Sunday, September 28, 2008
Friday, September 26, 2008
He used force to enter his home., he stole 50 lbs of salt pork, 20 lbs butter, 3 lbs of candles, 12 silver spoons, one silver butter knife. The letter is more detailed, has other pages of description of the thief., named Andrew J. Glover., with the autographs of the Judge and the Sheriff and the person who has filed this arrest order, Elbrdige Robinson.
Wednesday, September 24, 2008
“Tampa Fla. March 21st, 1912
My Dear Friend,
…..I sure wish I lived close enough to you so we could take a moonlight ride. I am fond of them aren’t you. Well we will keep getting acquainted better every day and I am going to reveal a secret to you right here and I trust you will forgive me for not telling you sooner. Now hold your breath. Do you remember one time I wrote you and told you that I did not like the southern girls, however I was foolish enough one time to marry one and I am what some people call a grass widow. Now what do you think of that. We could not get along together so we called it quits. I know this will be quite a surprise to you and I have wanted to tell you for some time but have just put it off……I don’t believe you would be satisfied away from your people….I remain as ever, C. S. McCalister. Sunlight Mfg. Co.”
This group of letters would be a fantastic find for someone working on a Spitzer genealogy.
Sunday, September 21, 2008
Important letter filled with fascinating observations about New Orleans, its population, fashions, etc. Hiram begins by writing that he had become uneasy, having received “Only one letter in two months.” He continues, “This is a great and growing city, and I think I shall do well here yet…There are people of all nations and kinds here…The rich and the poor are near neighbors…Poor people ought not to live in cities [because] it requires wealth to be fashionable, and if families do not follow fashion, they are out of the world…All cities are more or less filthy, and a person from the country accustomed to neatness, though poor, would be disgusted with what they could not avoid…It is a great benefit to a person, of the right turn of mind, to live awhile in a city…A farmer settled in a good country, with enough for independence, is the happiest man on earth…Most persons [in New Orleans] dress finely, and the women extravagantly…There are three theatres, circuses, galleries of paintings and numberless other places to take a man’s money.”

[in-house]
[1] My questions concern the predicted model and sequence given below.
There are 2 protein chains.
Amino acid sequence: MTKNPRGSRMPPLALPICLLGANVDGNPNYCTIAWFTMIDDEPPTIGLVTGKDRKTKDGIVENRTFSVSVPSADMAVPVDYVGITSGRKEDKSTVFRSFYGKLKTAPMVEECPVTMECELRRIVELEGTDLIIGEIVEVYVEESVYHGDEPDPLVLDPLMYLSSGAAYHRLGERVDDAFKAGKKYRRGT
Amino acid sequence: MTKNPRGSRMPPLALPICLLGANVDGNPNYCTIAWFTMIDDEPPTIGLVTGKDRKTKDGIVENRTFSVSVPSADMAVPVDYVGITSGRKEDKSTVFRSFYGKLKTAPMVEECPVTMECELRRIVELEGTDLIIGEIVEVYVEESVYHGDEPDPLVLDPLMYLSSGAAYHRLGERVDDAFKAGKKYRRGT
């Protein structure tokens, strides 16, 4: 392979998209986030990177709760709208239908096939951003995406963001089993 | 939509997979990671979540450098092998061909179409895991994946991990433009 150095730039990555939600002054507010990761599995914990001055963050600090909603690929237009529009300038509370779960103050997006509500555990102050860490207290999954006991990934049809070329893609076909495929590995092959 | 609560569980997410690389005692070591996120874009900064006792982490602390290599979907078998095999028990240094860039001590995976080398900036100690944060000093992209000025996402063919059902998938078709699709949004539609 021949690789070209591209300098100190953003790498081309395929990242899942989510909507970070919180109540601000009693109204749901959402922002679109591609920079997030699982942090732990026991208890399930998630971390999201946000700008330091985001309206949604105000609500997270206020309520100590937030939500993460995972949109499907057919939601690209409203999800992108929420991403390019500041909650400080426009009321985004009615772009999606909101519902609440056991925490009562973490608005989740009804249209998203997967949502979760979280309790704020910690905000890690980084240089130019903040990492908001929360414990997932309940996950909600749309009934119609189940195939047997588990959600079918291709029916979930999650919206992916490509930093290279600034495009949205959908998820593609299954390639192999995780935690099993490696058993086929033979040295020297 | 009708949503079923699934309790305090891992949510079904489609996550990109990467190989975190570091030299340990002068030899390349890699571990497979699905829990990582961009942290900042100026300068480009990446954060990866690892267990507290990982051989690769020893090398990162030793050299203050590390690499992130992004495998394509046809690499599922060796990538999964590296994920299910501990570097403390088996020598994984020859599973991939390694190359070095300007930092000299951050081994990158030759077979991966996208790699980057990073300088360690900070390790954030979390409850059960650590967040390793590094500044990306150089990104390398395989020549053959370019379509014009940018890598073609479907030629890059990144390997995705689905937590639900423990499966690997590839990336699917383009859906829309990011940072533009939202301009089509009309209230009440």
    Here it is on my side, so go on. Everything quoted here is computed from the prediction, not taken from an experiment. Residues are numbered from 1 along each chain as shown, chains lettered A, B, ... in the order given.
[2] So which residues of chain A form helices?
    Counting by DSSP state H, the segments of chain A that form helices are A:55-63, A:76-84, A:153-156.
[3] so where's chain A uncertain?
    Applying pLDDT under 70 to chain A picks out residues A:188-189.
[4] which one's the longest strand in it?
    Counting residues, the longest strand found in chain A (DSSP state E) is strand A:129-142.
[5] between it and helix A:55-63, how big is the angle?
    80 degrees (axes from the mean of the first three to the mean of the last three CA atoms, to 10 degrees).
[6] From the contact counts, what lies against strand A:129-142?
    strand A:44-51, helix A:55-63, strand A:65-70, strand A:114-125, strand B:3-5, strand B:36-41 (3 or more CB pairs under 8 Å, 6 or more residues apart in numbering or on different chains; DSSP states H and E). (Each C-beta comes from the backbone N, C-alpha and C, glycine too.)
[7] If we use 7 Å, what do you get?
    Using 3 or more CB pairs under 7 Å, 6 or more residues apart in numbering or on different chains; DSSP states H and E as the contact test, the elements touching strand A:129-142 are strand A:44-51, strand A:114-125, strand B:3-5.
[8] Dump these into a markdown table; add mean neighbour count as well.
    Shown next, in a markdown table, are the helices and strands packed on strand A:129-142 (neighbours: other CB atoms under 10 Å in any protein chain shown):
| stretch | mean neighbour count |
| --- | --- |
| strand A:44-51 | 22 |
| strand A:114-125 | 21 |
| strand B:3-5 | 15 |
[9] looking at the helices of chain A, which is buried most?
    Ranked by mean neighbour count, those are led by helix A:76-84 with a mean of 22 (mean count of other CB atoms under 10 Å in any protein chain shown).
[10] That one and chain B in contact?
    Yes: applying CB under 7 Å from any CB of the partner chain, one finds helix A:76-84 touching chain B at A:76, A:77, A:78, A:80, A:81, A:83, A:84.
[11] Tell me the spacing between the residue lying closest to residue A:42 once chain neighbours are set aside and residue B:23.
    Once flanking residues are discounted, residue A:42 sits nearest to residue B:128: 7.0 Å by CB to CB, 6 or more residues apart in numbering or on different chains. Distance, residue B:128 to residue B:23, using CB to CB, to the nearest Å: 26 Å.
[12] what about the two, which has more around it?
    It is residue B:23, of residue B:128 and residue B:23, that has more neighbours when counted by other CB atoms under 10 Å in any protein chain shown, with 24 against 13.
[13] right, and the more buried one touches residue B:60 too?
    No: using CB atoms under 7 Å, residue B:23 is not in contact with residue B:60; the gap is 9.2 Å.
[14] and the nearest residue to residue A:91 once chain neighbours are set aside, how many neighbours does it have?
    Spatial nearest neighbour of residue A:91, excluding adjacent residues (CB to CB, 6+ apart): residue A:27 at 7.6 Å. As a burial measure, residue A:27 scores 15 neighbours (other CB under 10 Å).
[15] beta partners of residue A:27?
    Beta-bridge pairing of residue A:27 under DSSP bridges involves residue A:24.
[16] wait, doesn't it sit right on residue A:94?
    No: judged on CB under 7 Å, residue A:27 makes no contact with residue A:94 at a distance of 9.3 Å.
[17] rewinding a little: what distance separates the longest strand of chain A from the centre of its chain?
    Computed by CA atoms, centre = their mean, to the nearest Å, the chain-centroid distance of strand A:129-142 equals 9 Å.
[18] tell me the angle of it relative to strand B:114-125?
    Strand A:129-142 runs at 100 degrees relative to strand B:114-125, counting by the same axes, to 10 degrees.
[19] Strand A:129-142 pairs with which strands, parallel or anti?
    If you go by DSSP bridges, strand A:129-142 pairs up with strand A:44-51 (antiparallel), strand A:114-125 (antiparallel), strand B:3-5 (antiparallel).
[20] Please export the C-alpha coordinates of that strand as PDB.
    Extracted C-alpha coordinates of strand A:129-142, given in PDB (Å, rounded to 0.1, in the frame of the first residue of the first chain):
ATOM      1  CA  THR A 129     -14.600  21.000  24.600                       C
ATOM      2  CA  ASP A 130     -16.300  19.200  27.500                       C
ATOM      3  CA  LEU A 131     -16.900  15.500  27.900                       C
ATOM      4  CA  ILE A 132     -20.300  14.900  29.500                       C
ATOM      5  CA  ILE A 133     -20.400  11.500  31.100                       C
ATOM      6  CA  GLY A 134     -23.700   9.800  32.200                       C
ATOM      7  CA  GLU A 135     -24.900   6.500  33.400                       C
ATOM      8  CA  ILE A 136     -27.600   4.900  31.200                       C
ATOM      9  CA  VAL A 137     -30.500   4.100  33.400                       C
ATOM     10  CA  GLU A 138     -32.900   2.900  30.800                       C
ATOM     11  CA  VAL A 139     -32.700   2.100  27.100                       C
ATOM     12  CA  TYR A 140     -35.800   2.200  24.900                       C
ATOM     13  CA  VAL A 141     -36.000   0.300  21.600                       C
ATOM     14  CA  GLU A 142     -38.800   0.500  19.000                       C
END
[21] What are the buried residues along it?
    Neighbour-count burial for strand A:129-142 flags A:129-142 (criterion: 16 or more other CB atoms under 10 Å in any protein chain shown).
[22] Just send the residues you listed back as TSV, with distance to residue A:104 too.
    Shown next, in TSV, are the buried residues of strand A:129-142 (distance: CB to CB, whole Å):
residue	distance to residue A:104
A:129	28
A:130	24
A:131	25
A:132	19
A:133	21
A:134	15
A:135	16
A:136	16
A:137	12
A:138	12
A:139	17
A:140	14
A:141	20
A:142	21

The note to Alfred encourages him to continue his studies: “study Book Keeping…You ought to improve your handwriting by all means.” He suggests that if Father can sell the lot “on which there is a meeting house” near Goldville (some distance from Alexandria), their father can have Hiram’s share of the proceeds.
In addition, there are descriptions of the City’s distinctive cemeteries, the Mississippi River and its steamboat traffic, ships, etc., the cost of lodging and his difficulty finding affordable accommodations, cotton seed that he is sending and wants Alfred to plant (“The seed is worth $4 per bushel here.”), “I was vaccinated two weeks ago and it took well, so I shall not fear the Small Pox”, etc., etc.
Wednesday, September 17, 2008
The Letter reads in part: "Dear Coz George, /I think you owe me one but I will overlook it. I have had a gay old time since I wrote you. been 9days, most all long ones on a sand bar in the middle of the "big Muddy" only 40 miles below the City. I loaded my Polar Star for Duval Bluffs, Ak and started with an old hull in tow for Cairo on the 19th of Nov. and when 20 miles down struck a bar & snapped all my tow lines like pack thread. The boat wiggled off without difficulty & I caught the hull before she grounded & again we went on our way rejoicing. About 40 miles below at Herculaneum bar we grounded again and our hull floated 4 miles down the river & lodged on a sand bar... It took me 3 days to get the boat off and 6 days to get the hull off and then the water had fallen so much I had to leave it and 1105 sks (sacks?) of oats & sending the other boat along, come back to get another boat to tow the hull and take the oat along. Total loss by detention $4,000... This is some of the beauties of Steamboating, How would you like it when you come out West to see me, I will take you down the river, if I own a boat then, and let you see for yourself.... / Yours, (signed)H. H.".
Monday, September 08, 2008
LETTER DATED JUNE 12TH, 1864. A letter from Yonkers [New York] by Charles N. Sake? addressed to his mother.
Dear mother I am thinking it is about time to wright.....Charles tells his mother about his work, pay and friends which he wants to bring home for a few days. He also tells her “they enrolled our names last weak so we are all right for the next draft when they draft I will make track for some place unnone this world is larger bigger than New Milford mutch as two [ ? ].”
Sunday, September 07, 2008
Wednesday, September 03, 2008
This letter is for sale on Ebay Item number: 260281923720